bagder May 28, 2021
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You should probably use curlx_nonblock() instead for greater portability.

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@pgroke-dt

pgroke-dt May 28, 2021
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I didn't see a point in using curlx_nonblock in Windows-only code.

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@pgroke-dt

pgroke-dt May 28, 2021
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Oops, sorry, just realized my mistake, see #7144 (comment)

FD_SET(listener, &fds);
/* this is Windows-only code -> using select is fine regardless
of the _value_ of the socket descriptor, also nfds is ignored */
select(0, &fds, NULL, NULL, &timeout);

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@bagder

bagder May 28, 2021
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Then shouldn't we #ifdef WIN32 this section?

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@pgroke-dt

pgroke-dt May 28, 2021
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Oops. I just realized my mistake: I assumed the #ifdef WIN32 in line 27 would span the entire file. But it doesn't.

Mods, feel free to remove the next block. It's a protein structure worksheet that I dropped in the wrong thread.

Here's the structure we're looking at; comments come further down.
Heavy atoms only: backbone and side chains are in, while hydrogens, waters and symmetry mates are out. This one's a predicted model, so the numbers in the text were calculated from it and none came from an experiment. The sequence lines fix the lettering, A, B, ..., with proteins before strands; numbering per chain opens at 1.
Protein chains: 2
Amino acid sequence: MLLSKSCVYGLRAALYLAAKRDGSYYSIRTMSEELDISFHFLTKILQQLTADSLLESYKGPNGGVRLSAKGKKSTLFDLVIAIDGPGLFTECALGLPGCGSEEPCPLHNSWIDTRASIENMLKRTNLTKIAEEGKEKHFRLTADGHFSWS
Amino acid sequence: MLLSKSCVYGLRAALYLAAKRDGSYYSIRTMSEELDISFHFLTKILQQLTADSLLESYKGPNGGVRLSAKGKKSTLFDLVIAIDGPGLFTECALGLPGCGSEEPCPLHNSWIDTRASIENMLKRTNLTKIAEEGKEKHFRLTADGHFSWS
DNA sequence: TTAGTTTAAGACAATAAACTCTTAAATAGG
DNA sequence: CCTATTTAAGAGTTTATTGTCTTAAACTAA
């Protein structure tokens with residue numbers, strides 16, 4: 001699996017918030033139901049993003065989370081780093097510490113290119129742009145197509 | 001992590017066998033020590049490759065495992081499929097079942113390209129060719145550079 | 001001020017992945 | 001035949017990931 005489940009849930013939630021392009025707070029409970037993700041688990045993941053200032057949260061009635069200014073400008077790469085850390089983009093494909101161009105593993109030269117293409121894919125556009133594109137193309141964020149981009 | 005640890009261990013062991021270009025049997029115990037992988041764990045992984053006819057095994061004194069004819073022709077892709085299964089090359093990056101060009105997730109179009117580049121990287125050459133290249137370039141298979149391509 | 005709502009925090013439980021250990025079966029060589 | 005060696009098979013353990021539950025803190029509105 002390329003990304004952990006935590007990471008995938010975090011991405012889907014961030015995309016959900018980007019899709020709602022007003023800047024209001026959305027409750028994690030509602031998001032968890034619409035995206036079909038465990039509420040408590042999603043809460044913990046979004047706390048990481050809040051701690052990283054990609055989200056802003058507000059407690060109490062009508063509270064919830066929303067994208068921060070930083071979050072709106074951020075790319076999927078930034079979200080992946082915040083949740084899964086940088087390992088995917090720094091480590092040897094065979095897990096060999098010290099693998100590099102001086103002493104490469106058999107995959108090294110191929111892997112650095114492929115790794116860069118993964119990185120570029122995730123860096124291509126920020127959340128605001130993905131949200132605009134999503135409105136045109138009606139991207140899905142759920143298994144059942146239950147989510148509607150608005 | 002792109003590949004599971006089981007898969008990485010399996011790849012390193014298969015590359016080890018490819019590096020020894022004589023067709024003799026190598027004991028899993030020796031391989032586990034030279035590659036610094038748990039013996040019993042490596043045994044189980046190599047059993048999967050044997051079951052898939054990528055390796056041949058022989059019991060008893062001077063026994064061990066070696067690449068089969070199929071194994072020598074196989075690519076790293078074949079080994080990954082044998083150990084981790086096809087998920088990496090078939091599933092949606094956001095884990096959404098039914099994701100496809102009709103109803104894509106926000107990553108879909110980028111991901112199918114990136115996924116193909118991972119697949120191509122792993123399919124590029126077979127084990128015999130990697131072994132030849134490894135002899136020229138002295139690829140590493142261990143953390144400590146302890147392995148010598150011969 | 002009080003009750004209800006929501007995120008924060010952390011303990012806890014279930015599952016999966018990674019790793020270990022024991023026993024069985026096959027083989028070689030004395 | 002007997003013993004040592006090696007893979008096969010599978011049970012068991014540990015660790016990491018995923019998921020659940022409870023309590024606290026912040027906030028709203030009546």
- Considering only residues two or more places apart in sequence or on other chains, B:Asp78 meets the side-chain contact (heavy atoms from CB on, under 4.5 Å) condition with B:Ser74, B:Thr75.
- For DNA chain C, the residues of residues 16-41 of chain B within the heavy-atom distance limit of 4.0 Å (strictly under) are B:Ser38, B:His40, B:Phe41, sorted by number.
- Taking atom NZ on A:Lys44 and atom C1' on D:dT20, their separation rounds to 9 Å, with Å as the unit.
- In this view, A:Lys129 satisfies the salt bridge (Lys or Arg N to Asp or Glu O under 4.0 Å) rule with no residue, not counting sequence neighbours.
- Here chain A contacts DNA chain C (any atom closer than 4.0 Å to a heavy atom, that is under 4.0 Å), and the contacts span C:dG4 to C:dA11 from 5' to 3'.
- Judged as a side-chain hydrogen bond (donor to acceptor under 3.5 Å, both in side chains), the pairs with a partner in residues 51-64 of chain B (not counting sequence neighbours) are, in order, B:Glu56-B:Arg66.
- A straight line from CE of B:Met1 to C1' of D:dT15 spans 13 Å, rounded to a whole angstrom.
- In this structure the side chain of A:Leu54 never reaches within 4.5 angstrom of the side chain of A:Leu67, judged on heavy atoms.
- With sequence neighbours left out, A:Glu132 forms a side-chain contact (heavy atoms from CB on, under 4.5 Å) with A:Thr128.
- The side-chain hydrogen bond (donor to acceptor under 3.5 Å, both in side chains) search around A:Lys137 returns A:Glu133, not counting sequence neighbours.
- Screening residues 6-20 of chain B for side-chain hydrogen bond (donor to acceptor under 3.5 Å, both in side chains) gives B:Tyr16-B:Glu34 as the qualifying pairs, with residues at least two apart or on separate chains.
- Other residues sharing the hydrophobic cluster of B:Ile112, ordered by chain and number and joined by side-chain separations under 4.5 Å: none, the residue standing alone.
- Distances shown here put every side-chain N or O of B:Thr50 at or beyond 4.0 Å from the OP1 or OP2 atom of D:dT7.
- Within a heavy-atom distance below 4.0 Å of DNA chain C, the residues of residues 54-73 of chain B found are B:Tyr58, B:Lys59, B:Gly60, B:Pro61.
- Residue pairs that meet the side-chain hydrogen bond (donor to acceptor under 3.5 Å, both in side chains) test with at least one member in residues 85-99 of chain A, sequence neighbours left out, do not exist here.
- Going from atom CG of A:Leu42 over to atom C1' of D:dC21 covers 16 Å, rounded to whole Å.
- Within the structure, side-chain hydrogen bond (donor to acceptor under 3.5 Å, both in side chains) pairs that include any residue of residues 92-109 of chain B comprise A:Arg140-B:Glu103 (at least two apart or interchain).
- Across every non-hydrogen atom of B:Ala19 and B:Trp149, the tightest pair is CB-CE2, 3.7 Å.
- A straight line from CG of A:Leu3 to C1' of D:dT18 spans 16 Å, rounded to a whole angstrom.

The only part that keeps the function from being compiled on (our) other platforms is the #if !defined(HAVE_SOCKETPAIR) && !defined(CURL_DISABLE_SOCKETPAIR). But there might be other platforms - that we don't use but are supported by libcurl - which don't HAVE_SOCKETPAIR.

Hm. That makes things more difficult. Is there an easy, portable way to wait for "ready to accept" without using select? Do you know if poll is available on all supported non-Windows systems?

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@pgroke-dt

pgroke-dt May 28, 2021
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ps: I tried skipping the select call entirely on Windows, and this causes sporadic failures. Sub 1% IIRC but still easily reproducible. So just not calling select is probably a bad idea. What I could do though is keep using blocking accept on other systems. It would be good enough for us. If you think that would be acceptable, that would of course be the easiest solution.

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@pgroke-dt pgroke-dt commented May 28, 2021

Sorry for asking stupid questions without looking into the lincurl code myself. I fell into panic mode after I realized that I made that stupid mistake with the #ifdef WIN32.
I'll update the PR to use curlx_nonblock and Curl_poll with POLLIN. I think that should cover it.

@mback2k
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@mback2k mback2k commented May 31, 2021

I am wondering if this PR is still necessary with the latest curl release which avoids using socketpairs in the multi interface (on Win32).

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@pgroke-dt pgroke-dt commented May 31, 2021